I was thinking about the space industry the other day and it occurred to me that things are more complex than they once were. It is not clear to me exactly what we mean when we speak about the satellite industry in the second decade of the 21st century.
There was a time when satellite companies were quite separate from other communications companies and were, by their very nature, repositories of a great deal of specialized skill and knowledge. Intelsat is the classic example of such an organization. Intelsat not only used satellites but also contracted for the development of entire classes of satellites and then operated them in-house. Intelsat did not order a standard design, as is now common practice. In the old days an Intelsat satellite was the result of a design process that yielded a unique satellite, which would be purchased by Intelsat in quantity. The Intelsat V series, for example, was developed by Ford Aerospace (now Space Systems/Loral) and had 15 members. Intelsat was, in fact, a major driver of the development of the communications satellite itself.
These days a “satellite” company buys a somewhat tweaked version of a standard design. It would be unthinkable for a company to seek a truly unique solution to its needs for a GEO-based communications satellite. Iridium is an example of a company that still maintains the ability to hold up its end in the development of a new satellite design, but these satellites are used in LEO and will be procured in quantity. In GEO even Intelsat uses standard bus designs these days.
What this means is that anyone can start a satellite company. Well, anyone with millions of dollars at any rate. For example, XM Satellite Radio has five satellites in orbit. (XM is owned by Sirius but still maintains a separate satellite infrastructure because of technical differences between the two systems.) These satellites are operated not by XM but by Telesat Canada. What XM provides is programming and involvement in terrestrial receivers. Is XM a satellite company? Clearly they are a media company, but are they truly a satellite company?
An even more striking example is EchoStar/Dish Network. Founded as EchoStar in 1980 to distribute C-band satellite television systems, in 1987 EchoStar applied to the FCC for a DTH satellite slot. When this was received Dish Network began transmitting television programming from orbit. This initial EchoStar was clearly a satellite company with capacities ranging from programming to satellite operations. In 2008, however, the EchoStar name along with the attendant satellites, consumer hardware and satellite operation was spun off as the EchoStar Corporation and Dish Network became purely a programming company that has since invested in spectrum with the clear intent to develop terrestrial video distribution channels (amongst other uses). Is Dish a satellite company? Did the satellite mojo all go to EchoStar?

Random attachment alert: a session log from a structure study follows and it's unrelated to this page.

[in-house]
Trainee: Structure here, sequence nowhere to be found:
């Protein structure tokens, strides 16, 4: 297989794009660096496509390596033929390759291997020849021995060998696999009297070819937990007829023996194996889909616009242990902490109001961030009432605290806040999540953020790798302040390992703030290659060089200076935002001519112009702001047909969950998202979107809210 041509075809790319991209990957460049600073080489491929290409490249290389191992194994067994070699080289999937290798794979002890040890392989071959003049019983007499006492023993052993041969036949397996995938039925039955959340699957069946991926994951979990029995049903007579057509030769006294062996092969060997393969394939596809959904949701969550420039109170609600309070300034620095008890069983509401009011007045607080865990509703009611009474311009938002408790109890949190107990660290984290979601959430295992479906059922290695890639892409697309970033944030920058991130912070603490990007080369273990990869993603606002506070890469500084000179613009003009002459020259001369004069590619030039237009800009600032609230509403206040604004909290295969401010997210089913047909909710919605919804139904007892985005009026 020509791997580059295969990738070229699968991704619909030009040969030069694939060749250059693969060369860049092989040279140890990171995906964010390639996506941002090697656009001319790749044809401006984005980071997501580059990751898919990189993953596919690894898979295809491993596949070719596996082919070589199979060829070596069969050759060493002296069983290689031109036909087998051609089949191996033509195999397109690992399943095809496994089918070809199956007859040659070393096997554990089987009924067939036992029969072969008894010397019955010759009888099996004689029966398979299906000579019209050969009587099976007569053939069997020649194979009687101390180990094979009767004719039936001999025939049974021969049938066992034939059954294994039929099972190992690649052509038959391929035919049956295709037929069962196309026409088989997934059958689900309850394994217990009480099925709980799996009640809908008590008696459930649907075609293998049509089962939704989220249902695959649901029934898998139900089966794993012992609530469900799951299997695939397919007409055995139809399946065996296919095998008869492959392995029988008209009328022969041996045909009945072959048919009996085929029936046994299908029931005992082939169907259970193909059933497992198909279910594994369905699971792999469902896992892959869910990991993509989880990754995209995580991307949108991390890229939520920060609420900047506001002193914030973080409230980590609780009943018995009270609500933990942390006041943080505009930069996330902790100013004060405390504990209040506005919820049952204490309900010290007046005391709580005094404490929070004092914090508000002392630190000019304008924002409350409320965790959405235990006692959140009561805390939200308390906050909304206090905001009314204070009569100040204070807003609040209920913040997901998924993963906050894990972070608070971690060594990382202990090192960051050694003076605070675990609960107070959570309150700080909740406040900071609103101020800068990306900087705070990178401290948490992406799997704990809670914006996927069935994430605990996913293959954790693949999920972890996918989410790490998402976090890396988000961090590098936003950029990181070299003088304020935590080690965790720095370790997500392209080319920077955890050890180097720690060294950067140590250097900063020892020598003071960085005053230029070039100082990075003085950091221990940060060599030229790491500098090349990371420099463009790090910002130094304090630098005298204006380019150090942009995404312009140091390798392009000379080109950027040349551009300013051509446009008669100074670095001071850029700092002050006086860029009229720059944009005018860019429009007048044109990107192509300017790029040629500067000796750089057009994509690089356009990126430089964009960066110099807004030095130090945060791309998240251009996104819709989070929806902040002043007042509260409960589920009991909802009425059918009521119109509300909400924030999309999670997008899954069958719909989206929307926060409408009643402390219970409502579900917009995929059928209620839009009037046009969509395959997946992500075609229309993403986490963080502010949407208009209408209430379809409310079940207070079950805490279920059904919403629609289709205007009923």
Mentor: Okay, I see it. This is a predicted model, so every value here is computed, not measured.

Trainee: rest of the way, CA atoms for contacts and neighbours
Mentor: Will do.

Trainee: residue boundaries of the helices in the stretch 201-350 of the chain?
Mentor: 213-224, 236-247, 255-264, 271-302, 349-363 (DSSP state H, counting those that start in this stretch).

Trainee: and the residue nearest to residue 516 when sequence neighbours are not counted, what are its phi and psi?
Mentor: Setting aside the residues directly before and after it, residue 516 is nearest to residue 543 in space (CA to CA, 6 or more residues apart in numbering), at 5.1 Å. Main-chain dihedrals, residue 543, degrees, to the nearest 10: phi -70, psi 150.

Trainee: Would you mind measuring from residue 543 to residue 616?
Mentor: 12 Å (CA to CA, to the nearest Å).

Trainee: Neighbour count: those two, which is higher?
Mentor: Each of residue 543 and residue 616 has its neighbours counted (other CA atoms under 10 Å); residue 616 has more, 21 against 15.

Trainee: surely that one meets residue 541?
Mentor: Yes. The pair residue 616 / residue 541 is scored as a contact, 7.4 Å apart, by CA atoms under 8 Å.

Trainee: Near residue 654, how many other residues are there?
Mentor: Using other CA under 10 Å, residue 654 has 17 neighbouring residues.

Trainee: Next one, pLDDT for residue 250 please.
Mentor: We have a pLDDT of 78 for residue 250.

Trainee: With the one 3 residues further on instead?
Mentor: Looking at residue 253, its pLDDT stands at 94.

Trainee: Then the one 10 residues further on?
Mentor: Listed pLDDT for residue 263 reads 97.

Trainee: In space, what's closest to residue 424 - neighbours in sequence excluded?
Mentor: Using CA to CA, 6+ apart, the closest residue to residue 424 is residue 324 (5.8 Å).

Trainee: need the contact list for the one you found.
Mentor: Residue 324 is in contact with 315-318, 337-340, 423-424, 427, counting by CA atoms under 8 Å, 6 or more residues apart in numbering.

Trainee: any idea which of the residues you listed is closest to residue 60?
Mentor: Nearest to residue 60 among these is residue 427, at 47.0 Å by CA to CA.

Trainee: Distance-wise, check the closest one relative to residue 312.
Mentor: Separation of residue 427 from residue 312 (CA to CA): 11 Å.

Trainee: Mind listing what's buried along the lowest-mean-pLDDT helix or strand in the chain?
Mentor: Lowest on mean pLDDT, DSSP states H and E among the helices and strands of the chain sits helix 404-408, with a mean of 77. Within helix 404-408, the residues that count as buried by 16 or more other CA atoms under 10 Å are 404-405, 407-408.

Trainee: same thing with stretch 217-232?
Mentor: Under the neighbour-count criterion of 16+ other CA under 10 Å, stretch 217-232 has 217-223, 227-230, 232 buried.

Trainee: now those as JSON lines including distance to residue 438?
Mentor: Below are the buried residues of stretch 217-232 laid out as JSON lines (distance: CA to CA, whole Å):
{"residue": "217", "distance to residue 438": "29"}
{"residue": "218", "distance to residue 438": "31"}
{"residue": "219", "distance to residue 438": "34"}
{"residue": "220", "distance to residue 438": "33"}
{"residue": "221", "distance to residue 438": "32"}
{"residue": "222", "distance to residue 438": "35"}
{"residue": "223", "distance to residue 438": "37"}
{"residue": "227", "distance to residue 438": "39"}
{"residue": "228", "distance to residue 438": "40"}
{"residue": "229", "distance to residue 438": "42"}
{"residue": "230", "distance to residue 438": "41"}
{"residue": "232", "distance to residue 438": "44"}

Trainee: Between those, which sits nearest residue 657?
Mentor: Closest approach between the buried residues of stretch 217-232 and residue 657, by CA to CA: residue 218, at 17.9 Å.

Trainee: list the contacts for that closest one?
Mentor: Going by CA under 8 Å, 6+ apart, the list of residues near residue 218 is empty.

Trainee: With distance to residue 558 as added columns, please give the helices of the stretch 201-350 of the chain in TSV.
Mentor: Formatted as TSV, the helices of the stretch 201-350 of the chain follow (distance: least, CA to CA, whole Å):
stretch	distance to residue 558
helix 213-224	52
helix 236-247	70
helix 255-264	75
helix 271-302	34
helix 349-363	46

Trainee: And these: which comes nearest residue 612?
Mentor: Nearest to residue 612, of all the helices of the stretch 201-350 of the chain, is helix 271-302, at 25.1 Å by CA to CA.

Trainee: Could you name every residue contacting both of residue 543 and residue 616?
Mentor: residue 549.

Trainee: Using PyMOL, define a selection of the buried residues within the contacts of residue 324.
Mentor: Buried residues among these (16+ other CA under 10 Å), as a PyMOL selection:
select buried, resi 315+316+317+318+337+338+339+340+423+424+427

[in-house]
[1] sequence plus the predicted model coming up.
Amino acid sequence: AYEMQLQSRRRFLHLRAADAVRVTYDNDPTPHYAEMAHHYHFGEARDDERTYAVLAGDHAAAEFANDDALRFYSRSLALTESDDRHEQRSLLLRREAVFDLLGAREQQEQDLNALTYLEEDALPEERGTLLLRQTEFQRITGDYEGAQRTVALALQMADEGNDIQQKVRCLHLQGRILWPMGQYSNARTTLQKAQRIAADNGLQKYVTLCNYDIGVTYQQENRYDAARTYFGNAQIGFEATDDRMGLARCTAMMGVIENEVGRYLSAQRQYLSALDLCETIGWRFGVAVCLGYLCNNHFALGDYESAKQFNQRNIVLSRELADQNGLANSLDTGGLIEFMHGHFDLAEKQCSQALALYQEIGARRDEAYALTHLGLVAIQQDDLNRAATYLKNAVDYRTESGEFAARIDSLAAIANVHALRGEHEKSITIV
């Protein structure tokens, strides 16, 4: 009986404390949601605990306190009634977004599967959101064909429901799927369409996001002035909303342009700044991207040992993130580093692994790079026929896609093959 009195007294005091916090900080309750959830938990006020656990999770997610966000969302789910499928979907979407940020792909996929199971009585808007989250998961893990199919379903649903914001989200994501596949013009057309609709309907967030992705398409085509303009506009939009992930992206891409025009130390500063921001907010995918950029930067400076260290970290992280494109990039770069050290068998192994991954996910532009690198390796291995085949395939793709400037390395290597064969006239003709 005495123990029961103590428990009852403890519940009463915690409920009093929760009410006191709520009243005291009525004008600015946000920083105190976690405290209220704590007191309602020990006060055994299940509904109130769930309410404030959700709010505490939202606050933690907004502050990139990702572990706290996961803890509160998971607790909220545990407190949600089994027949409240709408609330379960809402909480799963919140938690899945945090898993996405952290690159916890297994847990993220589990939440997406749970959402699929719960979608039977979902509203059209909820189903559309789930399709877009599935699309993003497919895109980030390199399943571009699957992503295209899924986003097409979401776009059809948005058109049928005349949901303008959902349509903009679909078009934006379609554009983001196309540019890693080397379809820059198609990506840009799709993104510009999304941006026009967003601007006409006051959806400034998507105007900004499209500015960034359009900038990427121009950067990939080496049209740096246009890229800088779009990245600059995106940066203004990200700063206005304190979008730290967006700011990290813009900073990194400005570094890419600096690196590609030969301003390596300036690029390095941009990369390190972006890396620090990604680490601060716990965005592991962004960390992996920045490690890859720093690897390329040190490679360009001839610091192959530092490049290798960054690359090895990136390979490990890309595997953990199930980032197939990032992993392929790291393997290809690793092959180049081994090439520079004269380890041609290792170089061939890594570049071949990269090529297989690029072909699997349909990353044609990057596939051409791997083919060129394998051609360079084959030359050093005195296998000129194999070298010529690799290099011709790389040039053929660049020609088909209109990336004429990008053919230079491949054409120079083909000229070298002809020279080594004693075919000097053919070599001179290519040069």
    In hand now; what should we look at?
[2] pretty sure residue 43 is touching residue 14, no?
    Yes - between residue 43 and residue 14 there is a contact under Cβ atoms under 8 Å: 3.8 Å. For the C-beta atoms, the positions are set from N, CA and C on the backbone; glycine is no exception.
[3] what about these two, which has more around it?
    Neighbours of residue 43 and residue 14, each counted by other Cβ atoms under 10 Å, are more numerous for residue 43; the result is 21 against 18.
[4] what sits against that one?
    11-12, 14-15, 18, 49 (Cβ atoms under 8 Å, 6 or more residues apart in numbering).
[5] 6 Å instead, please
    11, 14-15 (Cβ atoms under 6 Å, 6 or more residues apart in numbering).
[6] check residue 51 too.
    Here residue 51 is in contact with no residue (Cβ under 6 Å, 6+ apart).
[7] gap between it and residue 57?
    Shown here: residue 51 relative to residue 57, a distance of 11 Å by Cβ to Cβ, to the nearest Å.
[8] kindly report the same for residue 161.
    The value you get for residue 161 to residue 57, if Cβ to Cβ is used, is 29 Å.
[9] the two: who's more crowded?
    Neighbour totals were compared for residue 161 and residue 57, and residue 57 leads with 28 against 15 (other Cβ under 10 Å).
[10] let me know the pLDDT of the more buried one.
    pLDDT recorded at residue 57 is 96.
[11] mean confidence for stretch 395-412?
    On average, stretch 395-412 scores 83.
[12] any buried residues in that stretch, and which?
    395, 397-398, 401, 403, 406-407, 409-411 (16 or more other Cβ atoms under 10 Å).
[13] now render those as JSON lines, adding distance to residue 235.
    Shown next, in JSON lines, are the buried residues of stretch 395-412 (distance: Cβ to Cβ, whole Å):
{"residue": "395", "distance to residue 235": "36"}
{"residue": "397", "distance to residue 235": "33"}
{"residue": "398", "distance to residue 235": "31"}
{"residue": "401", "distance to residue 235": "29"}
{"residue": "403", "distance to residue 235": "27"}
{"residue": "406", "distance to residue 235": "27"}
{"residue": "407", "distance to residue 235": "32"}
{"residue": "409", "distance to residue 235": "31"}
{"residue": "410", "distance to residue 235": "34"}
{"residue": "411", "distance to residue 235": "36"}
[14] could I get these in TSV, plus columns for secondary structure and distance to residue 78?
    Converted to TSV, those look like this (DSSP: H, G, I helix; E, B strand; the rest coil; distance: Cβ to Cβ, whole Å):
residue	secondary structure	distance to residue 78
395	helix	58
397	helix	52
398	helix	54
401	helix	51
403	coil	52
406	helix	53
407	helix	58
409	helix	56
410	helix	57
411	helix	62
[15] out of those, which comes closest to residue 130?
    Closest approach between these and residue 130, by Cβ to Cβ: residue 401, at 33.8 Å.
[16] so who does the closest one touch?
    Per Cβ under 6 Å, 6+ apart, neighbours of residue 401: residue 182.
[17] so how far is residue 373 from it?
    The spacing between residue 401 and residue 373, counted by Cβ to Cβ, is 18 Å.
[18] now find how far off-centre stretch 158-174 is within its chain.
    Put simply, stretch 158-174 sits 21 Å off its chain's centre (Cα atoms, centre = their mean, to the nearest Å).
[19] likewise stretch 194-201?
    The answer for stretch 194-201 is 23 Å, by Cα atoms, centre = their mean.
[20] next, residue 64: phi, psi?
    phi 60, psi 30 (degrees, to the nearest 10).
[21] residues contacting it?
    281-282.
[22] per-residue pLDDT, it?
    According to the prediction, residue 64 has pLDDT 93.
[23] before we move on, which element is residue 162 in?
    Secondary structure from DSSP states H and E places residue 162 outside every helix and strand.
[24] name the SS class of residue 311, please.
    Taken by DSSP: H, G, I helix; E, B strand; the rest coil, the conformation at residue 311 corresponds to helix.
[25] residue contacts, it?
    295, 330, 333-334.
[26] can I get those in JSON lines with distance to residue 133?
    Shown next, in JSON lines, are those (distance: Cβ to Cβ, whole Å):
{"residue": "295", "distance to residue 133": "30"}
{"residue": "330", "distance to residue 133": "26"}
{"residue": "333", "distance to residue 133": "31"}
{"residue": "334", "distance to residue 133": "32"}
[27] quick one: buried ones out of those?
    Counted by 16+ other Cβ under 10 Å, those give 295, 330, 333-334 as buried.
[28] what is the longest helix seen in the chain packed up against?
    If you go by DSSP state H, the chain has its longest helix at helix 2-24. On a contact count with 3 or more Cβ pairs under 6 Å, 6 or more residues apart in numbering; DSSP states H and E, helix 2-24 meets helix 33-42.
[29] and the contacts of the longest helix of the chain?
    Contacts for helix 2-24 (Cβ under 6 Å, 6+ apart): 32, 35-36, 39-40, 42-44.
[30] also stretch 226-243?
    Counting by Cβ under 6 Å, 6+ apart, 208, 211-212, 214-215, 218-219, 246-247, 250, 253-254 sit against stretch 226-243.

According to the Satellite Industry Association (SIA), 78 percent ($79.1 billion) of satellite service revenue came from DTH satellite services in 2010, yet Dish, a major player, no longer has direct contact with satellite operations technology. Of course no broadcaster, in any medium, is ignorant of that medium’s technology, but Dish Network is a far cry from the old Intelsat.
In broadband the two major North American players are Hughes and ViaSat. Both of these companies are clearly in the forefront of satellite technology development, but Hughes considers itself a network operations company rather than a hardware developer. Although its consumer broadband division is still a pure satellite play, it has grown increasingly agnostic on the networks that its network arm manages, offering cable and DSL as well as traditional VSAT networks.
Hughes is clearly a satellite company, but not just a satellite company. The number of companies that can be categorized as purely “satellite” focused is constantly declining. As the communications marketplace grows more and more interconnected, so do the technologies that support it. It is no longer necessary to have a superlative in-house satellite group — such expertise is available elsewhere. This allows what were once “satellite” companies to pursue their real function — be it broadcasting or communications in general, supported by a smaller set of companies, or divisions of companies, that are truly “space” companies with the deep reservoirs of space and satellite expertise required to allow everyone else to get on with their real business.
Max Engel is an experienced satellite industry and telecom industry analyst and founder of The North Star Consultancy. He can be reached at firstname.lastname@example.org.